This is the dress to say goodbye to dresses (although I’ve still got the Suppenkasper-dress on the go), I need and want to move on into less-clearly subscribed shapes, still with crocheting as that is simply the best medium for me when I need to work lying down (which is a lot of the time), but I’m so-to-speak casting my net wider. More about that soon.

Friday, 18 January 2008

Tiny peaks are still peaks!

The weather - my mood, perfectly in sync at the moment, alas. Kicking against it, but weak kicks, as very tired. Against the rain’s drip drip drip my mantra I'm an artist, I'm an artist, I'm an artist, but it lacks conviction as I don't feel connected to anything much. Know it will pass. Hope soon. Wednesday was a bit better, sat in sunny garden in full winter regalia - coat, gloves, scarf -, drank in the sun and momentarily felt better. Thought about phrase ‘I don’t feel myself’ and tried to work out if I mean ‘I don’t feel myself‘ or ‘I don’t feel myself’. Both, I think. Thank goodness there is a part in me that knows how to push on almost by default (and hey, I probably have the M.E. to thank for that), a single vigilant cyclope’s eye open to minute changes in mood and energy, tiny peaks that can be used before greyness closes in again.

Thank you dear blogger friends for leaving such touching messages for me. To feel affection through the ether, that’s quite something. And it means a lot!

Tuesday, 15 January 2008

This is what I am today

Given that my only new year’s resolution was to show more courage in everything, I feel I’m faltering at the first hurdle, the hurdle being the black depression that unfailingly descends on me at this time of the year and only lifts for occasional intervals. Every year I think: not this time, I take steps to keep it at bay, and then there it is again. Today is one of those grey, wet, truly unpleasant, only half-wintery days, it’s not really January-cold, even winter seems in limbo and it might be ever-lasting. Just now I don’t give a damn about a little red bud on a brittle rose-branch, it’s hard to see how I could get excited by it only days ago, as I’m being choked by, almost obliterated by something that I can hardly put into words. Its huge and heavy shapelessness is part of the problem, nowhere to attack it from. It closes in on me, clutches my throat, bears down on my chest cage, saturates my body with dull pain-not-pain, squeezes joy and reason from my brain and fills it with brown sludge. As it’s so familiar to me at this time of the year part of me knows that it will end, as it always has before. Spring will come too, and yet. The worst is that just at this moment even my art means nothing to me, I’m cut off from it. Still crocheted a bit this morning, going through the motions, this is what I do, this is what I want to do, but not feeling it.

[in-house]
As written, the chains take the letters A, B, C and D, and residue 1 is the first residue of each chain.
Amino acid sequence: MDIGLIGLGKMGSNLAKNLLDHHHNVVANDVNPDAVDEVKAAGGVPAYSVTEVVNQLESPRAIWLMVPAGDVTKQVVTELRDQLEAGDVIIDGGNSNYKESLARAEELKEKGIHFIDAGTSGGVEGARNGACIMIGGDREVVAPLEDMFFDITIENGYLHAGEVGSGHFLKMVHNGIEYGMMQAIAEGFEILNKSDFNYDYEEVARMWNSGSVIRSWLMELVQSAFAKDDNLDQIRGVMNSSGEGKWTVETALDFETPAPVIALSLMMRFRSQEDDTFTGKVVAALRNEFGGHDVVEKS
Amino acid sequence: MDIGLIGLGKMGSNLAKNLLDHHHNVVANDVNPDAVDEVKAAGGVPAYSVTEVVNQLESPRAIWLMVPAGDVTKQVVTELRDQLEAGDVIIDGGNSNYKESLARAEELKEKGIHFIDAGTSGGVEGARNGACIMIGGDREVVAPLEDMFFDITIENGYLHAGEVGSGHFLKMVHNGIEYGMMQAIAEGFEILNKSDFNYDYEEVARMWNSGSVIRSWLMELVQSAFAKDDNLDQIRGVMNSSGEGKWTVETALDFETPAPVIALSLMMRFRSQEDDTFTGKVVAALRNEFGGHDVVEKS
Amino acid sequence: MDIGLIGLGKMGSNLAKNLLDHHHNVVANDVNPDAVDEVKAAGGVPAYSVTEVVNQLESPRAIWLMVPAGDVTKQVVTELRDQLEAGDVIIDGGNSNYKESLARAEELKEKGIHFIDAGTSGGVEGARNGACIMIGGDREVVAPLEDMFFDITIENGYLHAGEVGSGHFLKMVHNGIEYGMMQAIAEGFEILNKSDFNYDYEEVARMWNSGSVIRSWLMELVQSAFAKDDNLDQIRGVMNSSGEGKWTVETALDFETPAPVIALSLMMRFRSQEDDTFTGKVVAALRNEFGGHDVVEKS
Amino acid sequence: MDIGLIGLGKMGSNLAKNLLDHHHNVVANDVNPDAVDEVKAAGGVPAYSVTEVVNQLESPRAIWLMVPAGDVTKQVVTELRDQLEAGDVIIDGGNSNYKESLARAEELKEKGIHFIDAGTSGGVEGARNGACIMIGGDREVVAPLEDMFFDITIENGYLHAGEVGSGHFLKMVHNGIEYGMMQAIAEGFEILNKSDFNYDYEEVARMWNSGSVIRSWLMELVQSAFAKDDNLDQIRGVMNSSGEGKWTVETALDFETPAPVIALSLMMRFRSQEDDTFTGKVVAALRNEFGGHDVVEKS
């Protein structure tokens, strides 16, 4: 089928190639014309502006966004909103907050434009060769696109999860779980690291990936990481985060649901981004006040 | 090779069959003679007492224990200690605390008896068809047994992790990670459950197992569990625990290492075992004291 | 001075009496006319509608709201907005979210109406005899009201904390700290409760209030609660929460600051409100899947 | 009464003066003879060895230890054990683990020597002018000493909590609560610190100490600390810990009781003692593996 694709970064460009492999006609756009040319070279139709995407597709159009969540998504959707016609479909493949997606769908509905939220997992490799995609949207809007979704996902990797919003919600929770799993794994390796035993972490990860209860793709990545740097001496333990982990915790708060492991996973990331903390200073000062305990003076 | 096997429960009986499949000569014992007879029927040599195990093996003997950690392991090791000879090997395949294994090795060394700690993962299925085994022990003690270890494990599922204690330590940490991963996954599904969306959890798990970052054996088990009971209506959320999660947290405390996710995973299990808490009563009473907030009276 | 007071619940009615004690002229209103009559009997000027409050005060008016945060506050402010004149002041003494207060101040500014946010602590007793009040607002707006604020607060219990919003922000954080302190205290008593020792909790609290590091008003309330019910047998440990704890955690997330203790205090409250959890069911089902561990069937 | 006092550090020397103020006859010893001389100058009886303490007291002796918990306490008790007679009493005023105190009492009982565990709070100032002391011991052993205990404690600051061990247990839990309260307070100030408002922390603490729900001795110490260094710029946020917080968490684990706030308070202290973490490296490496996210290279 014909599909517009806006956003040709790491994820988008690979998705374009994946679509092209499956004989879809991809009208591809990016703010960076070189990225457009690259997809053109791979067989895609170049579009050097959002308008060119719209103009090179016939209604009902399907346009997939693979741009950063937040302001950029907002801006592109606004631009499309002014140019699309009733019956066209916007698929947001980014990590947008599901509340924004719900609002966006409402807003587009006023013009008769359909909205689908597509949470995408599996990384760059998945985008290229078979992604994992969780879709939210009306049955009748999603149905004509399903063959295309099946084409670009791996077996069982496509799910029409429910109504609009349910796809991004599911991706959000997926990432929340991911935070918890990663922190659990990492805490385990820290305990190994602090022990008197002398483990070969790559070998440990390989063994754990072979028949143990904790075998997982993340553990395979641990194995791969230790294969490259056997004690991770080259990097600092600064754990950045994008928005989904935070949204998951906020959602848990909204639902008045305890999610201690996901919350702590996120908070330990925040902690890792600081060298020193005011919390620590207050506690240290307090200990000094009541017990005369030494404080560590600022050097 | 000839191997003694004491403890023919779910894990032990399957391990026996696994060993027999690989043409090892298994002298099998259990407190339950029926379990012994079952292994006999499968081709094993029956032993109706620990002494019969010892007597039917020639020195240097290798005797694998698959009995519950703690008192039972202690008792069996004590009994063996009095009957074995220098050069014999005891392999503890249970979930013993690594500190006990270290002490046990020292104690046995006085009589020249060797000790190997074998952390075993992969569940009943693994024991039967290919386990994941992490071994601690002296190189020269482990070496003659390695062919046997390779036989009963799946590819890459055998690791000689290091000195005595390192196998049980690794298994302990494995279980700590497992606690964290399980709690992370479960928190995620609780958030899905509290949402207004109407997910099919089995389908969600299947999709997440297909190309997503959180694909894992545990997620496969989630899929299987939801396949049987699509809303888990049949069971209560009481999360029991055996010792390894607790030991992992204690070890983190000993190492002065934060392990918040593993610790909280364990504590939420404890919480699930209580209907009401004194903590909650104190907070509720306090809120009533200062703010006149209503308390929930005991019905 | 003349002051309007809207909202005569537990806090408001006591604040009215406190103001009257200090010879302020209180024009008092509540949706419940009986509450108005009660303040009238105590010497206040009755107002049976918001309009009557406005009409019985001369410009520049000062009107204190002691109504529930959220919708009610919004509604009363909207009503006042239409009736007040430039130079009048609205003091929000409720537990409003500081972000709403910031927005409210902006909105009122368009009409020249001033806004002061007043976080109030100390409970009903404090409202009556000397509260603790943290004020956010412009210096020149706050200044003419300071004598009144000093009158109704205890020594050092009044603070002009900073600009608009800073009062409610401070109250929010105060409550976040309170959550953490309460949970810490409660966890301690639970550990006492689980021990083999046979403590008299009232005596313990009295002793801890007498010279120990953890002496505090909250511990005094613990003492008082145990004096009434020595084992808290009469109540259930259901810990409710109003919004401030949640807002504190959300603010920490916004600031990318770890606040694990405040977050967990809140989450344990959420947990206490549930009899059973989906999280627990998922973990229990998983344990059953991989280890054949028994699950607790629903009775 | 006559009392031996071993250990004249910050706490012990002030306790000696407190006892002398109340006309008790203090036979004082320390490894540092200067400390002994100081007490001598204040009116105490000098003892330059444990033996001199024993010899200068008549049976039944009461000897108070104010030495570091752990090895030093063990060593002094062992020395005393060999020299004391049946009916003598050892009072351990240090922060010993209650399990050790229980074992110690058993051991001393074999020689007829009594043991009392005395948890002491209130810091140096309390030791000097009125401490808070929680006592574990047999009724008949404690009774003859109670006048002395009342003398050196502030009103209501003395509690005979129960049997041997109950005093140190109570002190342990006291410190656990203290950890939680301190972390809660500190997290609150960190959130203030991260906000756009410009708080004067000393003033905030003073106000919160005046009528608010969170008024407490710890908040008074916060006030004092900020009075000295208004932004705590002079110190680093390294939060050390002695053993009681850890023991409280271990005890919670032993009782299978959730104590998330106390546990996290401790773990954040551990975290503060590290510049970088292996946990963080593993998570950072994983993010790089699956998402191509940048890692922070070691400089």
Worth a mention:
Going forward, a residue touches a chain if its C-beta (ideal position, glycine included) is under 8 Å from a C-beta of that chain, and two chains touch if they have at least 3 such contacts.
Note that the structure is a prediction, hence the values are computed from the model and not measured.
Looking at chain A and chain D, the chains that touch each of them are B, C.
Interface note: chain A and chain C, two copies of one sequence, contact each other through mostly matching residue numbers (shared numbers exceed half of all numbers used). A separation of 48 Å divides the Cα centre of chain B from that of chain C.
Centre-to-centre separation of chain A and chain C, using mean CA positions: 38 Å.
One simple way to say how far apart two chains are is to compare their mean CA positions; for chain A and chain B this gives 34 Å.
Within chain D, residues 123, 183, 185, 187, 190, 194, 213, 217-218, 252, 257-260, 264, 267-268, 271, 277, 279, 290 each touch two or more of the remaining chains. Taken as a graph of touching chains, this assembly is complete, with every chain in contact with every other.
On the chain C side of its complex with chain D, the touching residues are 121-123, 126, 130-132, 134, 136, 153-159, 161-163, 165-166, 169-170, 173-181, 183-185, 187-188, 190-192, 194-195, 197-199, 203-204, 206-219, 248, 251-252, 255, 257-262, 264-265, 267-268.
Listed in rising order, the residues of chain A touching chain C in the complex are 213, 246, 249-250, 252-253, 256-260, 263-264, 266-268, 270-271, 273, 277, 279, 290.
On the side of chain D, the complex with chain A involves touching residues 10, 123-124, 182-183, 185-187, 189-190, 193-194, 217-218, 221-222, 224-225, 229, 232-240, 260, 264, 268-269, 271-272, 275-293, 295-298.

This is what I am today.

Sunday, 13 January 2008

Always becoming

This is a strange time of year for me, as much to do with the fraught changeover from one year to the next as with the fact that I spent a long Xmas-break away, with family and friends - good time, precious time, but time during which I half lost sight of my artist-self. And now that I’m back and have more or less recovered from the journey I find that I don’t easily fall into my mode of working again. It’s not just a matter of picking up the threads I left dangling, I have to actively reconnect, have to make an effort to reinstate myself. Is that weird?
I tend to feel weighed down by big dates (incl. birthdays), their charged significance and the affected cuts they make in the flow of time. M.E. certainly has brought with it the persistent sense of lagging behind and questions like: do I measure up? am I where I should be at this time of my life? distract me from what is crucial – just the business of living, of being in process, of becoming.
I want to have my own, living, breathing ways to look at, think of this time of year. And eventually yesterday, on my own, I found it in my wet sunny garden, reacquainting myself with the dark green bushes and hedges, checking for buds which I discovered in abundance and all kinds of shapes and colours. The ones that touched me most were tiny red ones at the end of dark, thin, brittle-looking rose branches, at first glance almost fleshy and close up revealing dense layers of minuscule leaves. Seeing old and new so inseparable and indivisible helped me realign myself with what I am and not with what I sometimes think I should be.
Good news: I will have several of my paper figures (some already existing, some yet to be made) in an exhibition this year. More details about the show at a later date.

The figure: work in process, dimensions: 51cm x 43 cm x 26 cm